It is a low blow whenever the parents of our players have to listen to that crap in the stands. It is very disheartening to some of these parents, even to the point of causing some to cry in the stands when they hear "their own fans" yelling things about their children, children that they could have sent anyway but instead sent to our university because they felt it was the right place for them. The next time you feel the urge to criticize one of our - really your - players think about those parents.

To the students of Mississippi State: If you think that you can do better than our players, by all means come join us by walking on. We will let you strap the equipment on, and if you can help this team, you will be on the field. Writing crap in our school newspaper does no one any good and is by no means the answer to your frustrations. If you feel you must write something in the school paper, at least make sure you know what you are talking about before you allow it to be published.

Instead of being negative fans, think about this; South Carolina fans are prime examples of how fans are supposed to act. They went 0-22 in two seasons and still they sold out every game. They had hope and faith and over the past few years, they have enjoyed the fruits of that undying hope and faith.

I want to personally thank Coach Sherrill, the coaching staff, and the players (past and present) for affording me the opportunity to be a part of a winning program. Coach Sherrill, I want to thank you for taking us to the SEC Championship Game, Cotton Bowl, Peach Bowl (a 10-2 season), and the Independence Bowl during my years here.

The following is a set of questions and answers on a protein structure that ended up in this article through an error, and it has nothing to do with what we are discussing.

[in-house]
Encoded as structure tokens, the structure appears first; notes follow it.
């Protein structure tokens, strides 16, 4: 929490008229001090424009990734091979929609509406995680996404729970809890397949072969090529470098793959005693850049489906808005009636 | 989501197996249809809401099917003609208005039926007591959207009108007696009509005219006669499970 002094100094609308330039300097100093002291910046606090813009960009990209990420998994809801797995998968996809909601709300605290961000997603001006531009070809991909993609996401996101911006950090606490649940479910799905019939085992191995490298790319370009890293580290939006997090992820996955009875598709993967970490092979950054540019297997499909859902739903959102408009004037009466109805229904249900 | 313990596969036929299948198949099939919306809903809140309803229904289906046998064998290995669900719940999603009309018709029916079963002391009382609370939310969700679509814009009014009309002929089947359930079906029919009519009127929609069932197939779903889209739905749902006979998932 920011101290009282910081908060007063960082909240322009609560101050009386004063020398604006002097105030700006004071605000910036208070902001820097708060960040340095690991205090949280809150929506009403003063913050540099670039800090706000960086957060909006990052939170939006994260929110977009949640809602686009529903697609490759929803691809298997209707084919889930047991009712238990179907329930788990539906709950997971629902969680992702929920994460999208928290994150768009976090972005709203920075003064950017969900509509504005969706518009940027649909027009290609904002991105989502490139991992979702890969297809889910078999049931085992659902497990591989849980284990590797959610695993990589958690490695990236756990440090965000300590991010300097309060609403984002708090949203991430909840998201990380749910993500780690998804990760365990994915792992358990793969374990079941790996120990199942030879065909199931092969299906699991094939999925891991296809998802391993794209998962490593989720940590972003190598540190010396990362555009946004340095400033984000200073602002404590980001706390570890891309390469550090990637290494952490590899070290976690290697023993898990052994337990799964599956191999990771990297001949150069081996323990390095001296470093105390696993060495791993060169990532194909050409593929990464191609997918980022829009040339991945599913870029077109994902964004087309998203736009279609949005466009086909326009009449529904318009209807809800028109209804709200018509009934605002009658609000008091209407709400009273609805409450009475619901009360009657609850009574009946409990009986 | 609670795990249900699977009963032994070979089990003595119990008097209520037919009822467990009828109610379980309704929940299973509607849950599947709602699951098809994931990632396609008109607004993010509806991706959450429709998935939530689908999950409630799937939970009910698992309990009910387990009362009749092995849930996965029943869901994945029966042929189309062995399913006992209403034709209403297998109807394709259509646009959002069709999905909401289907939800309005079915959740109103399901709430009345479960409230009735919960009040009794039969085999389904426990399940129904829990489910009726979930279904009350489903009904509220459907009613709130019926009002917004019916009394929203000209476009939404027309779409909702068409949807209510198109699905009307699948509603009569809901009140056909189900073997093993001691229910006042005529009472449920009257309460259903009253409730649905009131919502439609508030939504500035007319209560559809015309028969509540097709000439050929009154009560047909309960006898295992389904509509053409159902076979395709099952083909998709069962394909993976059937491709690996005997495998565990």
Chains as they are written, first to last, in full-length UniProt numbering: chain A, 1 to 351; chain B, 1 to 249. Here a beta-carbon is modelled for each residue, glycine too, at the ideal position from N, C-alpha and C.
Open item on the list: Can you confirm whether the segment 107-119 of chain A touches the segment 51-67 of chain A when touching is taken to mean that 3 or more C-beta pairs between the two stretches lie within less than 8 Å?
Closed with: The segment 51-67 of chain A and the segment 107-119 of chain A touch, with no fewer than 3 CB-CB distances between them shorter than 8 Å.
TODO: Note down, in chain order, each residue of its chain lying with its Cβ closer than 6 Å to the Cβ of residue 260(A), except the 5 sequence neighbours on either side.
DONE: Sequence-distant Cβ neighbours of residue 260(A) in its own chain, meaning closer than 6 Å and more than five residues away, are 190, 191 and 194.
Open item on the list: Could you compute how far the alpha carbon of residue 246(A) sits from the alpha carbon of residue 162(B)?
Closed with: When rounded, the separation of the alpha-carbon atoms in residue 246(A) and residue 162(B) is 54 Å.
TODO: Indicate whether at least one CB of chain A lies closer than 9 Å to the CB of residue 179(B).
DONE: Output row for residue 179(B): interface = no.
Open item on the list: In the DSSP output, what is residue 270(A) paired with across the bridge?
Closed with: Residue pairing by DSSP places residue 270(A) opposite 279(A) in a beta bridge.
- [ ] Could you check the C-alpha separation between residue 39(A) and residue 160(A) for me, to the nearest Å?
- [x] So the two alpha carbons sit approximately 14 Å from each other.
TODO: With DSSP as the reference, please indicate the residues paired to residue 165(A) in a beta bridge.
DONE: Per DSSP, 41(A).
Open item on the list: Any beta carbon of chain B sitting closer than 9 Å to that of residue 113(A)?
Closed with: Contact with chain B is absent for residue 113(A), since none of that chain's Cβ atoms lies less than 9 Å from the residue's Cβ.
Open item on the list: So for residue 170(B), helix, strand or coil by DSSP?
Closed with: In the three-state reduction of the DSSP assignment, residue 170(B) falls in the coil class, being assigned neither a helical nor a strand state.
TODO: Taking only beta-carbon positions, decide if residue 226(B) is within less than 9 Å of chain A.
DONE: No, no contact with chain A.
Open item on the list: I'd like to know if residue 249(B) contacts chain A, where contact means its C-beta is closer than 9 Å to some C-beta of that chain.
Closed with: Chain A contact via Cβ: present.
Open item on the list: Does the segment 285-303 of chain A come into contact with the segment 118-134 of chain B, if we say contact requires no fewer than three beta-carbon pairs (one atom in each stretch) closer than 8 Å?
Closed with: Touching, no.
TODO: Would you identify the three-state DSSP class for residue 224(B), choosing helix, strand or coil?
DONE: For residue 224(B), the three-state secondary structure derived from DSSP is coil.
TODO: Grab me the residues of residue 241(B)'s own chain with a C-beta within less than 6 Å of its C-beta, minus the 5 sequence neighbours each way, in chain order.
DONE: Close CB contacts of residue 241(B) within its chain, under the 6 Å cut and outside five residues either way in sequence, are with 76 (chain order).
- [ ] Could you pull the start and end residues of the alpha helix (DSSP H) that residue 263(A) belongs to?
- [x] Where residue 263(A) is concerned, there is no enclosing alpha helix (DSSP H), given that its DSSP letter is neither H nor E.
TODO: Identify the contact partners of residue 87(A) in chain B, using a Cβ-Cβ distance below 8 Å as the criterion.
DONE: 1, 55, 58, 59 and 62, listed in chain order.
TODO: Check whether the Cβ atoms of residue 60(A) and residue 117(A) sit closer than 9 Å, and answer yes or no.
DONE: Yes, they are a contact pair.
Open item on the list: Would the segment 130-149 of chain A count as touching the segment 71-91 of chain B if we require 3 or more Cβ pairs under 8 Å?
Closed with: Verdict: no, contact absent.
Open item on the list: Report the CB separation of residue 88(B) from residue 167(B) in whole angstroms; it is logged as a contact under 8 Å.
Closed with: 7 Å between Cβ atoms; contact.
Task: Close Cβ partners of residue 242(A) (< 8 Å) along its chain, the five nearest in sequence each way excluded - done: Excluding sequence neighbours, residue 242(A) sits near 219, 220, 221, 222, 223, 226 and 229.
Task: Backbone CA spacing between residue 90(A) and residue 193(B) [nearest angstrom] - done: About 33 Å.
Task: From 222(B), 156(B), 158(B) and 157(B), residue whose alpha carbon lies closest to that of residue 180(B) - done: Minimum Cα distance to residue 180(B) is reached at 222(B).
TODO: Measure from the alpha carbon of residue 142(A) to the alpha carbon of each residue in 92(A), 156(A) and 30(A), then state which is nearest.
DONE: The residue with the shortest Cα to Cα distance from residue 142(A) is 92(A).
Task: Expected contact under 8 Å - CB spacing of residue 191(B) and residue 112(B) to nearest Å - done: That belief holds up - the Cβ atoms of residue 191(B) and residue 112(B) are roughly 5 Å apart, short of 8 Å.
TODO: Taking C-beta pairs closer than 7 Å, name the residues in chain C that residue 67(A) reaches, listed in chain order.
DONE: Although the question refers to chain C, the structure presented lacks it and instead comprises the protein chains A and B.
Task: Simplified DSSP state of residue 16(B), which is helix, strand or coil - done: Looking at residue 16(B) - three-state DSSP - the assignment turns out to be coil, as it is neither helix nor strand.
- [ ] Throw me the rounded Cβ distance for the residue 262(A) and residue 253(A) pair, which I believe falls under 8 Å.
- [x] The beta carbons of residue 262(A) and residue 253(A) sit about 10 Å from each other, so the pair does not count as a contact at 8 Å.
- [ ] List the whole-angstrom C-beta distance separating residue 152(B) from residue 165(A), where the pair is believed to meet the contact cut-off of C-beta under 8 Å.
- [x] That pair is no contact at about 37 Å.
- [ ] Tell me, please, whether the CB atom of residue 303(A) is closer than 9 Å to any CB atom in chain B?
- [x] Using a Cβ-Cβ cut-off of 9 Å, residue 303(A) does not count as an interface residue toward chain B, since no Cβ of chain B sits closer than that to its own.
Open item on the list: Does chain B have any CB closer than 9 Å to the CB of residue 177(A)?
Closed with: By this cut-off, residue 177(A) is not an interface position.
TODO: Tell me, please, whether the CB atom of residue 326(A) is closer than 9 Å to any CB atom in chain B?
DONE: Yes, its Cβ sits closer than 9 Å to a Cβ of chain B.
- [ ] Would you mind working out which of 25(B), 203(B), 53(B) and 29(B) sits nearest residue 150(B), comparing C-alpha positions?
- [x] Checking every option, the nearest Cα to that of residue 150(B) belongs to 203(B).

I guarantee you one thing: It won't be like this much longer. One thing these bad times teach you is who your real friends are.

While many of you may argue, "I give my money to the school!", your money should be given not because you love to win, but because you love this great University.

We - the coaches, players, athletic department officials, trainers, managers - will get this thing turned around and when we do please, please don't be so quick to jump back on the wagon unless you are ready to make the commitment to stay in the bad times as well as the good.

The show will go on. But until we get it back right, take pride in your program and label yourselves as the "World's Most Loyal Fans."

To the players and coaches, keep working hard and doing your best because there are plenty of people who haven't and will never give up on you.

To the loyal fans who are there every Saturday and don't gripe and complain, I will leave you with this: A man is not judged by how he handles the good times, but how he handles the bad times.

I am by no means saying that the fans are the reason for our record because you aren't. I just wanted to let you know of some of the consequences associated with talking bad about your players. If you remember, it was just a short time ago when people were calling for Rick Stansbury's job. And look what he did and is doing even now.

So, please stay positive and hang in there. We will get this thing turned around and your loyalty will be rewarded.


This article is based solely on the opinions of Gene's Page guest columnist Michael Parson and not that of Michael, who is an equipment manager of the MSU football team, can be reached at